With the massive success of Netflix’s Enola Holmes, it was no surprise that a sequel would come along soon. The new film picks up immediately following the first: Enola (Millie Bobby Brown) opens her own detective agency and quickly finds out that being a young woman with the same last name as London’s greatest detective isn’t easy. She is faced with sexism, ageism, doubts in her abilities, or people just bluntly asking her if Sherlock is available instead. Just as Enola is about to close shop for good, she is hired by a young, penniless girl to find her missing sister, who worked at a local match factory. Enola swiftly finds out that there’s more going on than meets the eye, including corruption, murder, and several red herrings; Sherlock himself is also struggling with a case that is somehow connected to his sister.
Based on the YA book series by Nancy Springer, the film retains the charm from the first movie with its playful action and quick-witted humour — especially in Enola’s casual breaking of the fourth wall, which makes the most of Brown’s impeccable comedic timing. Returning director Harry Bradbeer and screenwriter Jack Thorne craft a complex yet intriguing mystery that cleverly folds in a fictionalised telling of the Matchgirls Strike of 1888, a historic piece of industrial action in Victorian London. Though it is satisfying when the case is finally solved, the story slightly loses its momentum in an effort to tie up loose ends on the strike connection — while also setting up a potential third film.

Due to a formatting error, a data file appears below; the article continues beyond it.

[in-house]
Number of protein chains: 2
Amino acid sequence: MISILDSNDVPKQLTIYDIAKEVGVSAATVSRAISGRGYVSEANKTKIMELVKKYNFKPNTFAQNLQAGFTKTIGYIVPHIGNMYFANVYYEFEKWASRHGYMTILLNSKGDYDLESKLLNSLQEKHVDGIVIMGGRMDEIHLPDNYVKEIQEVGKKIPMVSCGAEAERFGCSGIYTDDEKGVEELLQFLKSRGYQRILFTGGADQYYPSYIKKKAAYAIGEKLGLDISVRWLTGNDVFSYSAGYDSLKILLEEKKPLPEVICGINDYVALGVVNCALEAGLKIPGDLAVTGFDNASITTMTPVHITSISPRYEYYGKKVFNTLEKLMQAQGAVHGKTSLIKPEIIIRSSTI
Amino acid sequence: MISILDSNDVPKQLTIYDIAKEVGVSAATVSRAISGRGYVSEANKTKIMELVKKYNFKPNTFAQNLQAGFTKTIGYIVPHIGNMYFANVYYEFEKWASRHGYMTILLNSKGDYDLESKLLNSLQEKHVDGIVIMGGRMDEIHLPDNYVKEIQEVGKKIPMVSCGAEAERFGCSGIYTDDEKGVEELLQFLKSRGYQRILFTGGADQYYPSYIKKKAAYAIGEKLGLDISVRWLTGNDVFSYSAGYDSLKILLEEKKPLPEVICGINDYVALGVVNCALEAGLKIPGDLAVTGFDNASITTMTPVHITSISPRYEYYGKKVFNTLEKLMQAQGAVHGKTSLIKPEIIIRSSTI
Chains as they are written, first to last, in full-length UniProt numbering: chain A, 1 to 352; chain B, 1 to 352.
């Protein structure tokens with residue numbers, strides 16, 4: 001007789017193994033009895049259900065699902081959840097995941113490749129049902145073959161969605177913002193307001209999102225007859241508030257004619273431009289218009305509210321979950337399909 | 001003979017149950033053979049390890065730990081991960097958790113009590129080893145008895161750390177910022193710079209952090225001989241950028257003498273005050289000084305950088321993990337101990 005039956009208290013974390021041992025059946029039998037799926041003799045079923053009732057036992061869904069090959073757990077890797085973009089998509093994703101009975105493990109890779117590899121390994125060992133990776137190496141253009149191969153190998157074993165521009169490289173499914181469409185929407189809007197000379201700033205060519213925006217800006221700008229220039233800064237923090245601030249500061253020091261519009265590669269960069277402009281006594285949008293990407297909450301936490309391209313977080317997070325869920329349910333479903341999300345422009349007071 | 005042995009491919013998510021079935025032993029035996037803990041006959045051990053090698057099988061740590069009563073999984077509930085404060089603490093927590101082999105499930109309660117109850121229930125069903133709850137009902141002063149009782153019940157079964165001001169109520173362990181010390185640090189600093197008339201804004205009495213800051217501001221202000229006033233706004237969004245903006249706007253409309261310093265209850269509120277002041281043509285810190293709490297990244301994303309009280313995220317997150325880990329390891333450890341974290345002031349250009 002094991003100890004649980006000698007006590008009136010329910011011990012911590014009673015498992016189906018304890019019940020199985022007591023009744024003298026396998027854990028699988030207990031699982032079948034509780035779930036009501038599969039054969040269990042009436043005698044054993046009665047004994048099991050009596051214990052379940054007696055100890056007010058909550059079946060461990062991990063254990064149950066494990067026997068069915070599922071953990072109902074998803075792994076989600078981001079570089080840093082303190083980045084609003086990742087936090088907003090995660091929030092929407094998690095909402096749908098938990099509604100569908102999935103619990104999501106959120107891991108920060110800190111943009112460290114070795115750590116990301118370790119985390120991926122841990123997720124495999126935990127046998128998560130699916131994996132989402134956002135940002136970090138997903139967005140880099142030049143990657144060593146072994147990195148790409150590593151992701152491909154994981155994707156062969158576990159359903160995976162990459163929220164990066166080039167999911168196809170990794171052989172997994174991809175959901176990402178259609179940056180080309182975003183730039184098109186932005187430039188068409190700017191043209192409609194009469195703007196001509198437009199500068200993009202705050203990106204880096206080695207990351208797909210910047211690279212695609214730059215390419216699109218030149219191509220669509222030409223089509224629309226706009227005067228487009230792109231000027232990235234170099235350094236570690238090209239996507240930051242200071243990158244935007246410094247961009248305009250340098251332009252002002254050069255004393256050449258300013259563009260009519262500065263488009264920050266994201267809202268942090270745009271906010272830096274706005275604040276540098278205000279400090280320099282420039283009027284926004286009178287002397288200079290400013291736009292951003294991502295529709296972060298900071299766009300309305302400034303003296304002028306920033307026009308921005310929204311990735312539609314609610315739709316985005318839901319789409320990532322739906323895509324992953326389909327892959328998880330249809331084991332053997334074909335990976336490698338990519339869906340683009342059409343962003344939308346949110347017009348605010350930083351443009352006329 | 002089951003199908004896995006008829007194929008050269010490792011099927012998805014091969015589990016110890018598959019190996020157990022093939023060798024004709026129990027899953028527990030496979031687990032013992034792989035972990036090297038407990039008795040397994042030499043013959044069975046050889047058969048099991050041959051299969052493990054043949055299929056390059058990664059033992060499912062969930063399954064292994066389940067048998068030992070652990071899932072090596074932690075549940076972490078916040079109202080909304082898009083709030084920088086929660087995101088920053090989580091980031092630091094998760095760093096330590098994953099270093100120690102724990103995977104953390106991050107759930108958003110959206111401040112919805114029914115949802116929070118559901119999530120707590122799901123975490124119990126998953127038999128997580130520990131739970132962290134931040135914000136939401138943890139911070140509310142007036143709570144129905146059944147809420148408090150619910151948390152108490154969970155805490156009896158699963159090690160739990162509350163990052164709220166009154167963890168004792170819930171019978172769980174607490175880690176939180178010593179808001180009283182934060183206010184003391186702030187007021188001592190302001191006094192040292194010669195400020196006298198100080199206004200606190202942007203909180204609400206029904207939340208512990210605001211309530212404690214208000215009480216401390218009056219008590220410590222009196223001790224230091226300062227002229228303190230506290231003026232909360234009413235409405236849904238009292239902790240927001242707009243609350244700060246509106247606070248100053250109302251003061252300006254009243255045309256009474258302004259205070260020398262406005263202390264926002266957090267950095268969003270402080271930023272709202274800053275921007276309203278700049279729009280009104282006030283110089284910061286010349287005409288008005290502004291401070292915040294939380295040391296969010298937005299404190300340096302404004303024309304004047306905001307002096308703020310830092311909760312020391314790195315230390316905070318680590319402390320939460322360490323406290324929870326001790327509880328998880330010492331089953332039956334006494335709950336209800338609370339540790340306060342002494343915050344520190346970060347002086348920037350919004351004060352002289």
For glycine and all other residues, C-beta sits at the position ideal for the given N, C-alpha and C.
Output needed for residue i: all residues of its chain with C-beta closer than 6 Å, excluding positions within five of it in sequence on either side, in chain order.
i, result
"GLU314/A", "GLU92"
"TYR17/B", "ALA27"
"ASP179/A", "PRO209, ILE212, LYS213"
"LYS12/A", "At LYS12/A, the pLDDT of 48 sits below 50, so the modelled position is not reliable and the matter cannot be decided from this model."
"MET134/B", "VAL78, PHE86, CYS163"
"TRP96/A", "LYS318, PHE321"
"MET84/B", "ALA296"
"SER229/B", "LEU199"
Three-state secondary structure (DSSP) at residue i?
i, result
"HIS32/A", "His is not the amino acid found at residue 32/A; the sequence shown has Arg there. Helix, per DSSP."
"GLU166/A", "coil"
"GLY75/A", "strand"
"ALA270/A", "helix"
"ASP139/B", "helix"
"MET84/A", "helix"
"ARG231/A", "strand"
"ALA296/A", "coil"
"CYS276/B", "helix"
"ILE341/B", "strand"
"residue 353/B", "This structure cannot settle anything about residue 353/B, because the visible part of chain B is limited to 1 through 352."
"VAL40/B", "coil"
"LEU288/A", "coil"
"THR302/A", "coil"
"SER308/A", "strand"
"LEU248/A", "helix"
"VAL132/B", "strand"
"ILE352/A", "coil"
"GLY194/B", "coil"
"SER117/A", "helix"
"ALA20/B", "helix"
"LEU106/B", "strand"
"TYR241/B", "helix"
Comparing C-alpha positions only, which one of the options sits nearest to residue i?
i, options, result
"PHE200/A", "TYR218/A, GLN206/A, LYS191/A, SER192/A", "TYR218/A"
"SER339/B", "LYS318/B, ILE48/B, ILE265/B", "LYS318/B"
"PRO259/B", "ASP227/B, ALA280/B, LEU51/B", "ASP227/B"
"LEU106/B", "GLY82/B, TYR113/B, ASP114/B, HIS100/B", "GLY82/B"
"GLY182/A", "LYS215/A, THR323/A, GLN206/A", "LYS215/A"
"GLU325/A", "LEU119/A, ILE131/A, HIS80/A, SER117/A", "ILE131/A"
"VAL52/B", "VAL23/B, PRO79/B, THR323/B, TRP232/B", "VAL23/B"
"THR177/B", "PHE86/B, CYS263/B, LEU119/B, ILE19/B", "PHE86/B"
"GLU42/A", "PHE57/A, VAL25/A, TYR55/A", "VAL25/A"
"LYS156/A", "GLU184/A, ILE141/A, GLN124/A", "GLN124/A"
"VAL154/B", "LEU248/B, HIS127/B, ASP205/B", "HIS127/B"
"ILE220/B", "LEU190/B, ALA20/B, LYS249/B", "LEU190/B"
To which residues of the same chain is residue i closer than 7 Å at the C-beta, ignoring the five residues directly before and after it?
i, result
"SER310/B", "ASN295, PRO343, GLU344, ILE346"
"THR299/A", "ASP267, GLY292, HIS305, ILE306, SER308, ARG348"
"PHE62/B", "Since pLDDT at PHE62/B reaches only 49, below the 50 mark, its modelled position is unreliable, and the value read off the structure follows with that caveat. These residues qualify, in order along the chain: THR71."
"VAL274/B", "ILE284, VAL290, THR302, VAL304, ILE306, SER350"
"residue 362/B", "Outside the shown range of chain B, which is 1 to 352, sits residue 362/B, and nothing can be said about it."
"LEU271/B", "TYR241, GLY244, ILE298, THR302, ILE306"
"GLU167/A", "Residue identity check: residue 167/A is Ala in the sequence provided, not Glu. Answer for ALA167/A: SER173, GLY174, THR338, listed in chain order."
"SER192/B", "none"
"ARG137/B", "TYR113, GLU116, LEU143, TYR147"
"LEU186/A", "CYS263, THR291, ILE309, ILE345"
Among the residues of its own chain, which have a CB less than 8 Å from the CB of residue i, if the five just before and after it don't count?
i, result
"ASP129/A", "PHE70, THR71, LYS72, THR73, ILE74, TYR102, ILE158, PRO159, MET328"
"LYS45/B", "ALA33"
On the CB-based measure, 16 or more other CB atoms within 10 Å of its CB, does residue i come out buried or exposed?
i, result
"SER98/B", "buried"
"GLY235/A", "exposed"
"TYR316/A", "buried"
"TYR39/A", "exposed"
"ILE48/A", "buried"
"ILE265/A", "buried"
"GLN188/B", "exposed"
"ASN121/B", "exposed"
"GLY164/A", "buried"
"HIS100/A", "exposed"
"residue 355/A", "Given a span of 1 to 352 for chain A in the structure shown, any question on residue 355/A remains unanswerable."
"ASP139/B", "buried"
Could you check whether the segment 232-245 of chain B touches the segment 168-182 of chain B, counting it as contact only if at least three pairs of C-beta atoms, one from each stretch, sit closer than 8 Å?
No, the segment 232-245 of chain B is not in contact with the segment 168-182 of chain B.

A solid successor filled with satisfying twists and turns.
While the sequel doesn’t add much new to the growing franchise, the story itself is entertaining and lightheartedly fun. The pacing and plotting is, however, very similar to the first film — if it ain’t broke, why fix it? — and Brown and Cavill sustain their strong, believable chemistry, as siblings who bicker lovingly while trying to one-up their deductive observations. There are moments where Sherlock takes centre stage, but those rarely last long, with Enola interjecting into the narration to remind folks just whose movie this is.
Not everything works. Helena Bonham Carter returns as their absent, feminist mother, but her cameo feels underutilised; she just shows up to fix things before swiftly leaving. Lord Tewkesbury (played by Louis Partridge) also plays a large part as her love interest, and while the two are adorable together, they're not given enough time to cultivate this romance; it feels rather based on their moments in the last film rather than finding anything new.
Despite the few missteps, Enola Holmes 2 is still a solid successor filled with satisfying twists and turns, while exploring themes of feminism and class disparity, and Daniel Pemberton’s jaunty score, along with the creative animated intertitles, keeps things lively. Plus, Brown is just so charismatic: with her patented droll wit, she carries the film wonderfully. And that, as Enola might say, is a job well done.